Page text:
He was apparently a successful artist. In 1982 there was an exhibition “50 years of work by Kowako Zen” hosted in five cities in Japan and Korea, and perhaps emboldened by that, in the same year he founded the museum that is the subject of the present blog post.

Looking Up above the entrance -- Kyoto, Japan -- Copyright 2008 Jeffrey Friedl, http://regex.info/blog/
Nikon D700 + Nikkor 24-70mm f/2.8 @ 24 mm — 1/160 sec, f/5, ISO 500 — map & image datanearby photos
Looking Up
above the entrance

He passed away in 1996. You can still find his work on Yahoo! Auctions as I write this.

I'm guessing that he was really eccentric, because what I found so amazing about this building is not how dilapidated time and vandals and neglect have made it, but how it was build dilapidated to begin with. Pretty much every aspect of what you can see of its construction reveals the utmost in sloppy, dangerous, haphazard, jerry-built jury-rigged “workmanship” that makes the average slumlord look like Bob Vila or Norm Abram.

Those familiar with construction techniques will find hours of amusement and horror in inspecting the large versions of the images that follow.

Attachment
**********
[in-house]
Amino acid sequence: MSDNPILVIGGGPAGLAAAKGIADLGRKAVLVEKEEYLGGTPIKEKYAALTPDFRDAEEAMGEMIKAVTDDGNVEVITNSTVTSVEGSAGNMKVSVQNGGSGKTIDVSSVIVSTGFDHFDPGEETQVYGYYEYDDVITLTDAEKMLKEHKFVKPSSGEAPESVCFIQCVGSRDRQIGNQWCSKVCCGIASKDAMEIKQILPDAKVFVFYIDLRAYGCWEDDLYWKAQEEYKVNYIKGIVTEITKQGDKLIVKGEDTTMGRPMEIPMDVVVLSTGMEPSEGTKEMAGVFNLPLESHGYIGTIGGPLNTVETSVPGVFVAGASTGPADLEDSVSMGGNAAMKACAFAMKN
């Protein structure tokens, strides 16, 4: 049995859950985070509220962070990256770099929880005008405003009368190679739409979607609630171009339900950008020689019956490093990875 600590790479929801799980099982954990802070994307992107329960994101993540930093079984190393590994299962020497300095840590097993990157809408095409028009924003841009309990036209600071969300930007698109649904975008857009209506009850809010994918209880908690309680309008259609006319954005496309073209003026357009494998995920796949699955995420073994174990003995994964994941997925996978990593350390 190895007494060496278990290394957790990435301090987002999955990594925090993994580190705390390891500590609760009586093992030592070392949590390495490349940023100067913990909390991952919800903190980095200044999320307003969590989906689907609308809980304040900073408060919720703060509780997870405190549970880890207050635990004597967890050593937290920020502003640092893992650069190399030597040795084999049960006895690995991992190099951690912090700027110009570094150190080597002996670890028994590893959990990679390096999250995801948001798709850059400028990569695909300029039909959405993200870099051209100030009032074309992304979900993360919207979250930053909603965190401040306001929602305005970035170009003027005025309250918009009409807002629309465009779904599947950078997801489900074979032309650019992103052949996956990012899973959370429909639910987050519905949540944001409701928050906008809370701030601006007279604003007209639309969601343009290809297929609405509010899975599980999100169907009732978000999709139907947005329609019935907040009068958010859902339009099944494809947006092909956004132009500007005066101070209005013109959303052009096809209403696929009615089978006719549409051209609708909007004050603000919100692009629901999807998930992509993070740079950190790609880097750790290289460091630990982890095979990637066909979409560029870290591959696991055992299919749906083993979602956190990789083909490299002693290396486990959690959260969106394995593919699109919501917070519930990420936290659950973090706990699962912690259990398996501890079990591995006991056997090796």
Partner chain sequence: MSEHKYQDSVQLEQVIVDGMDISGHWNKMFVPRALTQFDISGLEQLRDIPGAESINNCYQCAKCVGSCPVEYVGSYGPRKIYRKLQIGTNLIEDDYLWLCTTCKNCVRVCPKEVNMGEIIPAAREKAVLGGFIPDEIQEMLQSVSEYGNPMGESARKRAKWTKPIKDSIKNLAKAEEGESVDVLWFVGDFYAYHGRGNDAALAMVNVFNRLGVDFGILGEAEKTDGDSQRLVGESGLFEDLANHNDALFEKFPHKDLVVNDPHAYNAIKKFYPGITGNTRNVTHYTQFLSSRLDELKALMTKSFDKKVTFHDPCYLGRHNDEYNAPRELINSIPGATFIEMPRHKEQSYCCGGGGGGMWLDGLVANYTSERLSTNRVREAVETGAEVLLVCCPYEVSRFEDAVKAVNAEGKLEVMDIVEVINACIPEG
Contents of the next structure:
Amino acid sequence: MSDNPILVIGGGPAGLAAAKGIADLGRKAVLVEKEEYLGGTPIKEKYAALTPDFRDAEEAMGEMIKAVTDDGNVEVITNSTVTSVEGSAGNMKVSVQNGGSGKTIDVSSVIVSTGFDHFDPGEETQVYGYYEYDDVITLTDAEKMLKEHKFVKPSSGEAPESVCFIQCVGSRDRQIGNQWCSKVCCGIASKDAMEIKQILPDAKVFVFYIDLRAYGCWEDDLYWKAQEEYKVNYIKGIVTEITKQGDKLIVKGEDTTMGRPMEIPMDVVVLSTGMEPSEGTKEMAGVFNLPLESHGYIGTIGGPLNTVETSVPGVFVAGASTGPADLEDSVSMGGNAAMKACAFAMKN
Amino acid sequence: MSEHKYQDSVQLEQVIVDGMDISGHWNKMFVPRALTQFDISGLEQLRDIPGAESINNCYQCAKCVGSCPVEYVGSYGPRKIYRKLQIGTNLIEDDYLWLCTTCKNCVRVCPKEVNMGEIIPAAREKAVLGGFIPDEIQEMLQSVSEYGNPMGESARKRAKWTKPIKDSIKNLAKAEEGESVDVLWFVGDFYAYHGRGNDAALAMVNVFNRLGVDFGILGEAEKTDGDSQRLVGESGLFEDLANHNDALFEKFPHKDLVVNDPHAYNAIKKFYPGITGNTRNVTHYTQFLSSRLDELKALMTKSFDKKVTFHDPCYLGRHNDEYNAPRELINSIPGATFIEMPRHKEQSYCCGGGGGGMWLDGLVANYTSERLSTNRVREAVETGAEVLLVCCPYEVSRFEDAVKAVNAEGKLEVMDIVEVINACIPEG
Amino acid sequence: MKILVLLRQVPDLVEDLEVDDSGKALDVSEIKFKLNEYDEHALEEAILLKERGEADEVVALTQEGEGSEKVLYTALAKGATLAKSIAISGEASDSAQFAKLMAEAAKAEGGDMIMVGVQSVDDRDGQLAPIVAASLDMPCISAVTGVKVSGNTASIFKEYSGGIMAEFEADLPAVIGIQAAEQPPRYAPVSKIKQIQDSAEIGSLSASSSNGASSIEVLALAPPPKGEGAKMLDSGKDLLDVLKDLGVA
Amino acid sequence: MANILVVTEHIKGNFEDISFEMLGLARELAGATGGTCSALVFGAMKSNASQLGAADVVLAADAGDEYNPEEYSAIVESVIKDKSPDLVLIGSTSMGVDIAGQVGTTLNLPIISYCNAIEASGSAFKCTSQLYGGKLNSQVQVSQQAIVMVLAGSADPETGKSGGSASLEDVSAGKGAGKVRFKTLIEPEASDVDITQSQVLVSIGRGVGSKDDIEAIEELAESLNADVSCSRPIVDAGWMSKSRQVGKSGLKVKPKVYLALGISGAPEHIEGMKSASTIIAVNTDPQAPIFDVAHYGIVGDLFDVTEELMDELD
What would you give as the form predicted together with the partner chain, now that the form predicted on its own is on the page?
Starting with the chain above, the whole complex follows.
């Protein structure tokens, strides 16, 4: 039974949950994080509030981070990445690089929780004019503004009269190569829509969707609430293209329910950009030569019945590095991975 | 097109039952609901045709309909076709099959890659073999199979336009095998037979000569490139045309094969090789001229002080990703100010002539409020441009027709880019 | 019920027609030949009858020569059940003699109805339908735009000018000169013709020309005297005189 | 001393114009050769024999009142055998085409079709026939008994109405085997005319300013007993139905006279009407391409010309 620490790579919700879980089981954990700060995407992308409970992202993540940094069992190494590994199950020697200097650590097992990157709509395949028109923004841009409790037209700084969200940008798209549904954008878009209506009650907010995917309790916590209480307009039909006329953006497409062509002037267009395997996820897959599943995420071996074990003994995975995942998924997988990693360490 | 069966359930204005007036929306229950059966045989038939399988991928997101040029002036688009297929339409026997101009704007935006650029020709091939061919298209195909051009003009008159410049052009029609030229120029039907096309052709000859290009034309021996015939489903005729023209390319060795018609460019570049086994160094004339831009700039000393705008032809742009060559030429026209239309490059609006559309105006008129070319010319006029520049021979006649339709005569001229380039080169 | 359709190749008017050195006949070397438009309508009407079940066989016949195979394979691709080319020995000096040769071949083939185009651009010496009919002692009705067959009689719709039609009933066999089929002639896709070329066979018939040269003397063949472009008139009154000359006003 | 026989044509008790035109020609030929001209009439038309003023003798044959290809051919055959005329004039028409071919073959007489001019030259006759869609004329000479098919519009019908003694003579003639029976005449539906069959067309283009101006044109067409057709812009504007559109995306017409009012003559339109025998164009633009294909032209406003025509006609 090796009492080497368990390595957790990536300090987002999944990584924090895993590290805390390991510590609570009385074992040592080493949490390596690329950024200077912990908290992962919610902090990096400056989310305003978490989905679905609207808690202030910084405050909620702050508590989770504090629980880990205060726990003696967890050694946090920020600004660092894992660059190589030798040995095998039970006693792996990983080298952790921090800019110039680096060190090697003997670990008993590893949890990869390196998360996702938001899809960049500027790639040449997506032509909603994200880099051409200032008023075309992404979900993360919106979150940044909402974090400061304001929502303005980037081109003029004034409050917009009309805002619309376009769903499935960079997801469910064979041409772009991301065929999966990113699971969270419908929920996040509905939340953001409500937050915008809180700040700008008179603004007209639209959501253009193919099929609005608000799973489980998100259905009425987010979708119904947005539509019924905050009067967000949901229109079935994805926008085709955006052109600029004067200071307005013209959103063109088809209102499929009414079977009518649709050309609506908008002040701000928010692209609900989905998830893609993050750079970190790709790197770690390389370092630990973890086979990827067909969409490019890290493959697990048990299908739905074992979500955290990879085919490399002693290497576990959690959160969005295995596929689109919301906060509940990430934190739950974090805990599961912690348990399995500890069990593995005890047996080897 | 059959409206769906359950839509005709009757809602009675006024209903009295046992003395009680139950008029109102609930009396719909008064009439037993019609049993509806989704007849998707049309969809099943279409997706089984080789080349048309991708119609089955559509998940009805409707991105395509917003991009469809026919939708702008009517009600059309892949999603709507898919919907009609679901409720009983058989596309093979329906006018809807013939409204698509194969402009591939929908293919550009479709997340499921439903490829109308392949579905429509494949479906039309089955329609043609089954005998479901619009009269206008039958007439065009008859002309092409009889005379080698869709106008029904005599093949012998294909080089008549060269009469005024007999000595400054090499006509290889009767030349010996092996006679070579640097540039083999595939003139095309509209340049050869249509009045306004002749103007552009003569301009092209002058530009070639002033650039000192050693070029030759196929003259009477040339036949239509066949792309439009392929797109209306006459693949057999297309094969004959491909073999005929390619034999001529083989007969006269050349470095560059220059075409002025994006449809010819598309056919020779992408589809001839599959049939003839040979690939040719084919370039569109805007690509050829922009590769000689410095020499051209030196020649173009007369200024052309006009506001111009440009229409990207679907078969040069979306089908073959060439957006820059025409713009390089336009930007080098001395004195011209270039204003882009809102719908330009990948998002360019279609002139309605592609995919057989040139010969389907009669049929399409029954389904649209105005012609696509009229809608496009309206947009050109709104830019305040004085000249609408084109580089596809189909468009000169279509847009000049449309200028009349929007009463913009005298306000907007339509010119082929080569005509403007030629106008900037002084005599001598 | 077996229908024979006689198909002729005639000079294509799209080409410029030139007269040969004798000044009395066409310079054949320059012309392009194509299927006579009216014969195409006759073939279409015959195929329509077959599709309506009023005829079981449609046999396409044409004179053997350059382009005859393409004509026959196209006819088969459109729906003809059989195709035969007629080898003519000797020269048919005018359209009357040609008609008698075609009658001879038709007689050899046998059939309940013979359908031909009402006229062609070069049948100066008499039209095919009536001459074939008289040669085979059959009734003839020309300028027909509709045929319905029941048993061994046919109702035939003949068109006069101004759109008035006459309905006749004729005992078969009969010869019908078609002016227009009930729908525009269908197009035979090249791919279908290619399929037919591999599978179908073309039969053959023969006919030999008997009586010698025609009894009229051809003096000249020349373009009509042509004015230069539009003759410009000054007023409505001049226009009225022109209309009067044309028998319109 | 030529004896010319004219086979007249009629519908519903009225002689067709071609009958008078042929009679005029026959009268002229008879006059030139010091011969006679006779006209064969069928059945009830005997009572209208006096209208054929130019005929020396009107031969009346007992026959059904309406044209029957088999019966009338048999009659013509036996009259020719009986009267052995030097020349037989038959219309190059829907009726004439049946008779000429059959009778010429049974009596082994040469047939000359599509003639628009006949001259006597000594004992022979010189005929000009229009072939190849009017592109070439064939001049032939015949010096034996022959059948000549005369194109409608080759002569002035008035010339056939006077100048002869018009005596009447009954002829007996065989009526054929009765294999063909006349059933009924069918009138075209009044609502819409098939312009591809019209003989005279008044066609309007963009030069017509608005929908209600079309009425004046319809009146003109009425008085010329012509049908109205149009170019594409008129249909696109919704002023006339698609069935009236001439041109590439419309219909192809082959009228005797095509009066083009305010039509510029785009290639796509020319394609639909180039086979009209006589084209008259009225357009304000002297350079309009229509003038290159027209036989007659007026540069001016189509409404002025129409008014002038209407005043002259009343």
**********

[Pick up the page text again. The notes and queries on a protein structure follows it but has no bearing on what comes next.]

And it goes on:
Many of the outside surfaces were stuccoed as if the stucco was paint, put on thinly enough to just cover (sort of, barely) whatever was underneath...

Nikon D700 + Nikkor 70 -200mm f/2.8 @ 160 mm — 1 / 500 sec, f /5.6, ISO 560 — full exif & map — nearby photos Stucco Like Paint -- Kyoto, Japan -- Copyright 2008 Jeffrey Friedl, http://regex.info/blog/
Nikon D700 + Nikkor 70-200mm f/2.8 @ 160 mm — 1/500 sec, f/5.6, ISO 560 — full exif & mapnearby photos
Stucco Like Paint

Often the stucco didn't even cover the light mesh he used (the mesh looks more appropriate for straining carrots than supporting cement), and even the vines that (later?) grew and died were thicker than the stucco...

Exterior Wall -- Kyoto, Japan -- Copyright 2008 Jeffrey Friedl, http://regex.info/blog/
Nikon D700 + Nikkor 70-200mm f/2.8 @ 120 mm — 1/500 sec, f/5.6, ISO 3200 — map & image datanearby photos
Exterior Wall